The Delta variant threatens to slow the jobs recovery

The US jobs recovery is about to get a reality check.

It was a strong summer, with nearly 2.5 million jobs added back between May and July even as the Delta variant started to increase Covid-19 infections — but economists are now growing cautious that August may not have been as strong. Economists polled by Refinitiv still predict 728,000 jobs were added last month. But that forecast was revised down from 750,000 early Wednesday after a disappointing reading from ADP Employment Reports, which looks at private sector payrolls. It was the second time in a row that the ADP report was significantly below expectations: 374,000 jobs were added in August, compared with 613,000 predicted, according to Refinitiv.

The two measures of the labor market aren’t correlated — but the ADP report, which comes out first, is seen as a barometer for the jobs data later in the week. “Our latest report suggests that the labor market recovery has downshifted,” Nela Richardson, chief economist at ADP, told CNN Business on a call with reporters. Increased spread of the virus might again keep people from returning to work. “The final estimate of job gains for August will likely fall short.” That doesn’t bode well for Friday.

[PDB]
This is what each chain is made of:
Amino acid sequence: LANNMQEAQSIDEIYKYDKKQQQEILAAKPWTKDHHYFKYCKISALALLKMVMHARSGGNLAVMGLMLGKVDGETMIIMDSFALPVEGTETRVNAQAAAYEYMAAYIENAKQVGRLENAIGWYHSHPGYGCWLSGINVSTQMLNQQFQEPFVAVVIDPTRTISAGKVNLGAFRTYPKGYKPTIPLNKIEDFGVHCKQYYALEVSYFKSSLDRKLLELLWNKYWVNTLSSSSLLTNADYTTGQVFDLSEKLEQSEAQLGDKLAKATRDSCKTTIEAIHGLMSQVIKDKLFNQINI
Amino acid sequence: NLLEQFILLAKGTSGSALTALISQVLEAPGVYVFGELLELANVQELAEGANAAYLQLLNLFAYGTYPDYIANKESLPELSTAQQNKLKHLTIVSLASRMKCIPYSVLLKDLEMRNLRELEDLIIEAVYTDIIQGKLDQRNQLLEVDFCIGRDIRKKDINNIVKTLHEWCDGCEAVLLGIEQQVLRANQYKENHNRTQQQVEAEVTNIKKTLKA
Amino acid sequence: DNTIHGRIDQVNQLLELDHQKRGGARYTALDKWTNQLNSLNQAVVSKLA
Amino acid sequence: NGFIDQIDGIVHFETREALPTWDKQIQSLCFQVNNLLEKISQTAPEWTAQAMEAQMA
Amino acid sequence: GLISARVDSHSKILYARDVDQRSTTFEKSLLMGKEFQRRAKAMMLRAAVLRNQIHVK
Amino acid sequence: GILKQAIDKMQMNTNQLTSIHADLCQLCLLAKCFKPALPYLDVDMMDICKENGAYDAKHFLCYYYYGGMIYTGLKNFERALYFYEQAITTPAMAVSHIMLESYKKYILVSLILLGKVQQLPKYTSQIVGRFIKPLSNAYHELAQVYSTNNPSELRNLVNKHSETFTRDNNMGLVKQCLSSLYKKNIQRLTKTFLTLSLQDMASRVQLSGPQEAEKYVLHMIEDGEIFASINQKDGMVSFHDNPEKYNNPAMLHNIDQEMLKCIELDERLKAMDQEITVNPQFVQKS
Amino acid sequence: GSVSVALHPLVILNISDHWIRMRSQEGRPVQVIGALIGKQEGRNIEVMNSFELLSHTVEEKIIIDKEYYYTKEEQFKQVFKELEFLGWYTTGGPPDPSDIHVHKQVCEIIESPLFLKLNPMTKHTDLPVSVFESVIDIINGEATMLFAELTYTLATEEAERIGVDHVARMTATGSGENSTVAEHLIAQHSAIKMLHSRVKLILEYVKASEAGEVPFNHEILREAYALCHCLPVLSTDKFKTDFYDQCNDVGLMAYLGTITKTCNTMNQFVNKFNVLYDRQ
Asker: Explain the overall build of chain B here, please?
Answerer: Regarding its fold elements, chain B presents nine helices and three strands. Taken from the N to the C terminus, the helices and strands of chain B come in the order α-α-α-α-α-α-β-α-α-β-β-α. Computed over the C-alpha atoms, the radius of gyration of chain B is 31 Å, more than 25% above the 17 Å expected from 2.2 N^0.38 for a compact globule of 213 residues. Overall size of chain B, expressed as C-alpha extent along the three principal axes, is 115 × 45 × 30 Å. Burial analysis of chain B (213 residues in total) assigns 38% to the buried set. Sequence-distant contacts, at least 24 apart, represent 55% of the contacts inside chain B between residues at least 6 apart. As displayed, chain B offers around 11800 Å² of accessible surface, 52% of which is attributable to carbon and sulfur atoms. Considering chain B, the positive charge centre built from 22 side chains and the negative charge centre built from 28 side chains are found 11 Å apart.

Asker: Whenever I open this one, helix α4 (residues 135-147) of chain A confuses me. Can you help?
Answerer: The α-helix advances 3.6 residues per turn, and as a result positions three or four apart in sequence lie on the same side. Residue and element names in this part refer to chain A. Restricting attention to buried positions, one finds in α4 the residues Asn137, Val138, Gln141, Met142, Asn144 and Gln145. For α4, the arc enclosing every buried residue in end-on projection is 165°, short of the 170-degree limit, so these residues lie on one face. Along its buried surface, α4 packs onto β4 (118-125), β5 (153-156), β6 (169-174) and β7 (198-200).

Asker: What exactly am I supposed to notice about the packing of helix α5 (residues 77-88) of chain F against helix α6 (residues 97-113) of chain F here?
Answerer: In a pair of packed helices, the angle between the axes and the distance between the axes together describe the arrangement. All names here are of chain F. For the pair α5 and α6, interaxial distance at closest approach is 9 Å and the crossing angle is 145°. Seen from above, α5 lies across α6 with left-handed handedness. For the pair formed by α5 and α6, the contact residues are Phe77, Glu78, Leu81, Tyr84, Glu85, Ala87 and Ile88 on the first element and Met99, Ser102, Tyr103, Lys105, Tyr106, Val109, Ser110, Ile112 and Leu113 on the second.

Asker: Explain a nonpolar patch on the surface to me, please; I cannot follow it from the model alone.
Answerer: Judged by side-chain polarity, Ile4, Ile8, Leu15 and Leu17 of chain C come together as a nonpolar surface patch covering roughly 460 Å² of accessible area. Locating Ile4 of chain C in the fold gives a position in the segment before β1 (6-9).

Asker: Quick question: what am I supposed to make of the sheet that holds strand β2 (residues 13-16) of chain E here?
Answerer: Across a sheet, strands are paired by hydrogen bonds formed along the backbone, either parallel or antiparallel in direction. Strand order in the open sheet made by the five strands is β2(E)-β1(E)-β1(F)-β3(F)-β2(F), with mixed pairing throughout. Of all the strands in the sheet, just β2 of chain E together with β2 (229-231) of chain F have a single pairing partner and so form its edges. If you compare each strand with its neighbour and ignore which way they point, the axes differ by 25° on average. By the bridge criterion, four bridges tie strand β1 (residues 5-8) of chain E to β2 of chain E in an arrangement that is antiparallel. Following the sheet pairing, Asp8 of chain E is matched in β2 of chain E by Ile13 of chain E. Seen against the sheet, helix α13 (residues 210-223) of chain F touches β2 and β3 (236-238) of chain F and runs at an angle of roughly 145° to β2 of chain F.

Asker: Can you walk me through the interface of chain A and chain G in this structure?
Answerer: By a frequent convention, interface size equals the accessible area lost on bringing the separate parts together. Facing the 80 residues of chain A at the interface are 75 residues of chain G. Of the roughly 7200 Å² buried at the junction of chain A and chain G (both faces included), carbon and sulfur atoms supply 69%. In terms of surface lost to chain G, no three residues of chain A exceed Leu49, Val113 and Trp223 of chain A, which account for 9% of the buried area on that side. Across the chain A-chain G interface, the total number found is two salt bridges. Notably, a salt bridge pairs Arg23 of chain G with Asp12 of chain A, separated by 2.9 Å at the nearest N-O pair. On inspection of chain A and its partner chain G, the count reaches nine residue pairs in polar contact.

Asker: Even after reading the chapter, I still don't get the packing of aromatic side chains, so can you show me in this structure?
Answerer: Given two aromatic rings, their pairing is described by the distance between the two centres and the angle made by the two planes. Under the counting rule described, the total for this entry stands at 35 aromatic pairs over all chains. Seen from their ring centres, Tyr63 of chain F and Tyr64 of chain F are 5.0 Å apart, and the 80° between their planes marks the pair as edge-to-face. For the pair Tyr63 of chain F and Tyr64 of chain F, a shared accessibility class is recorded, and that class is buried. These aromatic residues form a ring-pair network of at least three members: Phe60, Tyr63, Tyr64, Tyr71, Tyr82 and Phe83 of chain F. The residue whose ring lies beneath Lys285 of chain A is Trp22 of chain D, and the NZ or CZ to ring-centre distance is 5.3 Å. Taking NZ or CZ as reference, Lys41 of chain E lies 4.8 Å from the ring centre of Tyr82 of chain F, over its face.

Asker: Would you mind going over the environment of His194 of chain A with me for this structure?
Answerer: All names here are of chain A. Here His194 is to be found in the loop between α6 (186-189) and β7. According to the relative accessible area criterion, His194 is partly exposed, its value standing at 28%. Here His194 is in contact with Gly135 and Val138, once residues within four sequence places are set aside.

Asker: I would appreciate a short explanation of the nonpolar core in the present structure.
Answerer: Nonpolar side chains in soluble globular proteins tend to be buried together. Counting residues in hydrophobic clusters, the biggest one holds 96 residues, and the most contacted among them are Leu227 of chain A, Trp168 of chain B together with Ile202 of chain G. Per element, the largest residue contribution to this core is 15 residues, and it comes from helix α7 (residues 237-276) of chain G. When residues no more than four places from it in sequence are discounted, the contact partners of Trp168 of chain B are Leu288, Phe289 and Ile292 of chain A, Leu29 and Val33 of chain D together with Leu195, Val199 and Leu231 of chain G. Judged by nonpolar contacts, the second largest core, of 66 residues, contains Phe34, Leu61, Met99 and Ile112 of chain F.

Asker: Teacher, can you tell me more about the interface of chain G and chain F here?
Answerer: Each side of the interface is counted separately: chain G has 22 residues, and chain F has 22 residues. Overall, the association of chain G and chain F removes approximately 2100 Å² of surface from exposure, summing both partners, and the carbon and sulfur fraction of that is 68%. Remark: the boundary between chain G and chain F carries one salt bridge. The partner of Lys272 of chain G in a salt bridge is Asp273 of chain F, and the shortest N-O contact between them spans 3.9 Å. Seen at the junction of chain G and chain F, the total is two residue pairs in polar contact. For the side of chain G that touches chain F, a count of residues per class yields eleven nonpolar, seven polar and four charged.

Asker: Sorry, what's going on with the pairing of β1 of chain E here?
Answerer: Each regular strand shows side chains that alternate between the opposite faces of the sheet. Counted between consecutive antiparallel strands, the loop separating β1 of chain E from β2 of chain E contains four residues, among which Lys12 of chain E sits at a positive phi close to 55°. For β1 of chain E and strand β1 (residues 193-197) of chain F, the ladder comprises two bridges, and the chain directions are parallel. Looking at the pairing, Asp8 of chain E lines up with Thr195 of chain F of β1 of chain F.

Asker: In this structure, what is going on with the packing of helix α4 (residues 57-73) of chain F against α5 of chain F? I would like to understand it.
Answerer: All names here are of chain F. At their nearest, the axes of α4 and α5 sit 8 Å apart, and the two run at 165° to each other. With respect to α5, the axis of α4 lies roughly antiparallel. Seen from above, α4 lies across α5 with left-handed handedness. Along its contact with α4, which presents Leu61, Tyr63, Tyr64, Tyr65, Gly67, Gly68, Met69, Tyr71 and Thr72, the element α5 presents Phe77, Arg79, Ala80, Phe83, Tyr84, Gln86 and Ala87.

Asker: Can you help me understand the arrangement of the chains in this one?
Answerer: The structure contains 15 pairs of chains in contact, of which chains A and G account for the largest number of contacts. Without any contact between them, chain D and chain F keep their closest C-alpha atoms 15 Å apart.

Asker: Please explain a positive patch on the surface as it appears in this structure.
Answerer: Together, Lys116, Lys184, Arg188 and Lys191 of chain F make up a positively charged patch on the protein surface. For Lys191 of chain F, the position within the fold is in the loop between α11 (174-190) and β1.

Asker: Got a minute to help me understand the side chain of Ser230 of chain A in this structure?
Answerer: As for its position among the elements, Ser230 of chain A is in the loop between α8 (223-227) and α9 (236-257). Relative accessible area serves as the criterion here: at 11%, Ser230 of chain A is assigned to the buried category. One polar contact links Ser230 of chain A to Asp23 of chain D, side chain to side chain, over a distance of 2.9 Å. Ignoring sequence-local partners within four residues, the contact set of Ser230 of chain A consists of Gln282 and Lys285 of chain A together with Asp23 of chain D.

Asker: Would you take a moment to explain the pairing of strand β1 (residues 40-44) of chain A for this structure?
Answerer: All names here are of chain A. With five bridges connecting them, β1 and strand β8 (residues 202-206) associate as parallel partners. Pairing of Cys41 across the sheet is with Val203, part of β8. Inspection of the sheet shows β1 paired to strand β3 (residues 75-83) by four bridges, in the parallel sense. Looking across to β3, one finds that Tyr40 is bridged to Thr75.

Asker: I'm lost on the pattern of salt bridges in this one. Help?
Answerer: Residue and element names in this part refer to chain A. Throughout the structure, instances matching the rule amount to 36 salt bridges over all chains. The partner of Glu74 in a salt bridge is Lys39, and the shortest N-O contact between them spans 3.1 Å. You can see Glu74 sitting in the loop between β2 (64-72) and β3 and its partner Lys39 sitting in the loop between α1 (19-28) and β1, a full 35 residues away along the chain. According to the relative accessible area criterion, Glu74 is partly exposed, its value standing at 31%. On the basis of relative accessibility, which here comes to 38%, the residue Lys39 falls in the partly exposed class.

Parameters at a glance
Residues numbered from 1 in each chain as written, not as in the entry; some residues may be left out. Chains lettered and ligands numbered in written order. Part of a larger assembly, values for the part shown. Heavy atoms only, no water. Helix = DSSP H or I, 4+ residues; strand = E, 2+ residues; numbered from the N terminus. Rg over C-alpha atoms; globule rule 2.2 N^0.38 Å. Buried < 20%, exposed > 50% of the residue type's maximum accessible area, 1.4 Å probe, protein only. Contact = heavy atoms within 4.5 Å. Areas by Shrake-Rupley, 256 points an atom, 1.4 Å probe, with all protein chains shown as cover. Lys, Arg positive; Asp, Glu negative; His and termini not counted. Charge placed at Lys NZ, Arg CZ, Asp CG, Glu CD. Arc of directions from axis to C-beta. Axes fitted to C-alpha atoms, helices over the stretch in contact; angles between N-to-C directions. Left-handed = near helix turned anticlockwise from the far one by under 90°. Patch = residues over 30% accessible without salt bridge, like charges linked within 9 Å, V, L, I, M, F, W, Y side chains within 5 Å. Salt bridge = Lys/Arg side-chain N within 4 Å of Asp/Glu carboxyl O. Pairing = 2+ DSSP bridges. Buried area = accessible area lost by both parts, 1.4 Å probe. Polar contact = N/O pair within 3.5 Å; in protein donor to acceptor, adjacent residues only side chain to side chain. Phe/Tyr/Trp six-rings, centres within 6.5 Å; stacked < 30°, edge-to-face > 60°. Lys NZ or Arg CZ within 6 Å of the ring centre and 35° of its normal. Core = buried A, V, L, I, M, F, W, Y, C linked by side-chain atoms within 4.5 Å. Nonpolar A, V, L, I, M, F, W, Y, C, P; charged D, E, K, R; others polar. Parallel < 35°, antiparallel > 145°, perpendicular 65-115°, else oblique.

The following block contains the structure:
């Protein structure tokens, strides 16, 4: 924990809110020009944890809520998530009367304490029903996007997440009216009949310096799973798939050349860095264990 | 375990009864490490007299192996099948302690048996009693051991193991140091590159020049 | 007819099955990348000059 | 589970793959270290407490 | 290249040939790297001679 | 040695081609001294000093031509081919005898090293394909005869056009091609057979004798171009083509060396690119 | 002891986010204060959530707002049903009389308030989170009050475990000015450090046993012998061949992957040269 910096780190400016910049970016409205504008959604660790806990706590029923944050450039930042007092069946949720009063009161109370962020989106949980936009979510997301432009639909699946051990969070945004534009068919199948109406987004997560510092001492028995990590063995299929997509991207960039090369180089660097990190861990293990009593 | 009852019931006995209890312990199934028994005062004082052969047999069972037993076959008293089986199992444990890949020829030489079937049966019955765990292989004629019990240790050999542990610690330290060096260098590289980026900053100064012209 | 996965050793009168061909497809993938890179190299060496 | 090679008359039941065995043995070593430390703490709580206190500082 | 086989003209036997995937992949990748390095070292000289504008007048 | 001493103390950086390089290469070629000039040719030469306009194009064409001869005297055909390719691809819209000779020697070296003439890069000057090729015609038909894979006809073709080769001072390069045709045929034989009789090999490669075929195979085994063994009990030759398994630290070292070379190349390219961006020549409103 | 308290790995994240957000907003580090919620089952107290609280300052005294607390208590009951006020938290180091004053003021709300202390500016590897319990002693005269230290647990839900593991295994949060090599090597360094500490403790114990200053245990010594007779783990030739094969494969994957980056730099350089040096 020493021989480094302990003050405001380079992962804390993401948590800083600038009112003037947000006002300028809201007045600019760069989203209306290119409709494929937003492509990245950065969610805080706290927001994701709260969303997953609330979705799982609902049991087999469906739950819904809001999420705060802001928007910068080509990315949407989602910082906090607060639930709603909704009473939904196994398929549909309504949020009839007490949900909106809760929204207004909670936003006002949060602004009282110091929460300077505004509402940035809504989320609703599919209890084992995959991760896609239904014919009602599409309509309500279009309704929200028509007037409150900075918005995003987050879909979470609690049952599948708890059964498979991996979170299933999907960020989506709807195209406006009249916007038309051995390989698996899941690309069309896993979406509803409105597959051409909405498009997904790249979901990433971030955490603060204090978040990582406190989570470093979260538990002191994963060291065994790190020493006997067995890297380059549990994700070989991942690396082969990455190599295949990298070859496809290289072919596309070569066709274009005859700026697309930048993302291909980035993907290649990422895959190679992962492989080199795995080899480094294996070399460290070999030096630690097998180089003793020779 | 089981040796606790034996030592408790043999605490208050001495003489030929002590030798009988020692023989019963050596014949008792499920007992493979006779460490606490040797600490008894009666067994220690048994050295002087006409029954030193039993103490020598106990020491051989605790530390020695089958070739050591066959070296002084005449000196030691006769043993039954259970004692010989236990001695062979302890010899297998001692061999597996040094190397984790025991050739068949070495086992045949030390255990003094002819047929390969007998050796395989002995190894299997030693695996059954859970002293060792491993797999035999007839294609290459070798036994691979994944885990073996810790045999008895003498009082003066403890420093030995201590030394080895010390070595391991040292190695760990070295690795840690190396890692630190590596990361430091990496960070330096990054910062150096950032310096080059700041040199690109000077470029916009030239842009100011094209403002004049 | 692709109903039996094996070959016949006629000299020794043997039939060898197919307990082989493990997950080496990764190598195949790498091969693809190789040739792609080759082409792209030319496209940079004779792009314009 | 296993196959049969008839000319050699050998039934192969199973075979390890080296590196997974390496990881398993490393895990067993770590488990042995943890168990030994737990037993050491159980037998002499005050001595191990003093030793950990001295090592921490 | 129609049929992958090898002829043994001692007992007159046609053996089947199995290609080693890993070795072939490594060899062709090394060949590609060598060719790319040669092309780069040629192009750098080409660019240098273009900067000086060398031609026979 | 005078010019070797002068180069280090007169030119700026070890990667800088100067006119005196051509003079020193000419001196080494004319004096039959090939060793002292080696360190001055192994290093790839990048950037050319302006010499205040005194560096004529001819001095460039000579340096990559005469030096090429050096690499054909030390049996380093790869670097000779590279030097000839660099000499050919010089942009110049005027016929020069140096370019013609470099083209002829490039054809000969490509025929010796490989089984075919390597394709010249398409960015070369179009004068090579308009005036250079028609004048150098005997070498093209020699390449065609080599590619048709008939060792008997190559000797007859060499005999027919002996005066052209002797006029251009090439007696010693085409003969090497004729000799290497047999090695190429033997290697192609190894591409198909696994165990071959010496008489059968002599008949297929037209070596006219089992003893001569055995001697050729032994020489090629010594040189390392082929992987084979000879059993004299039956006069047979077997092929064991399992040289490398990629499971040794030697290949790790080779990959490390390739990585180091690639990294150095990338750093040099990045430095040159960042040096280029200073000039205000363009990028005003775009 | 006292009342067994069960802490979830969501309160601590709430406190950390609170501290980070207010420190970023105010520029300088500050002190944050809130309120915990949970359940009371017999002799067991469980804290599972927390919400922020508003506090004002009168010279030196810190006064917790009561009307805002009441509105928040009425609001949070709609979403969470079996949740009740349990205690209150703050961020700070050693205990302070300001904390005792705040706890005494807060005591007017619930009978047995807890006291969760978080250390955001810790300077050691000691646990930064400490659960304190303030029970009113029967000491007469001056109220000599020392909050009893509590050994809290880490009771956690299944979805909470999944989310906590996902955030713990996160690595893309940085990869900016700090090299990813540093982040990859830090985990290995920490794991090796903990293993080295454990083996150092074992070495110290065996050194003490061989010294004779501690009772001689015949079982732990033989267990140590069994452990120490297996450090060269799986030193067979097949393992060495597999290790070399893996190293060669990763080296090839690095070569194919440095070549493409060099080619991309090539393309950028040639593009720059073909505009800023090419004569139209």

But things have been a bit confusing. Last month’s downbeat ADP report was followed by a strong government jobs report, for example. The forecasts also vary widely. Moody’s Analytics predicts 500,000 jobs were added in August, while UBS expects 1 million, according to Refintiv. It serves as a reminder that making predictions during the evolving and recovering pandemic economy is still very hard. Four key trends are driving the labor market right now, Richardson said: Covid spread via the Delta variant, waning consumer confidence, high demand for labor creating a worker shortage and an uneven K-shaped recovery. “The uncertainty of the Delta variant has exacerbated the unevenness of the recovery,” she said.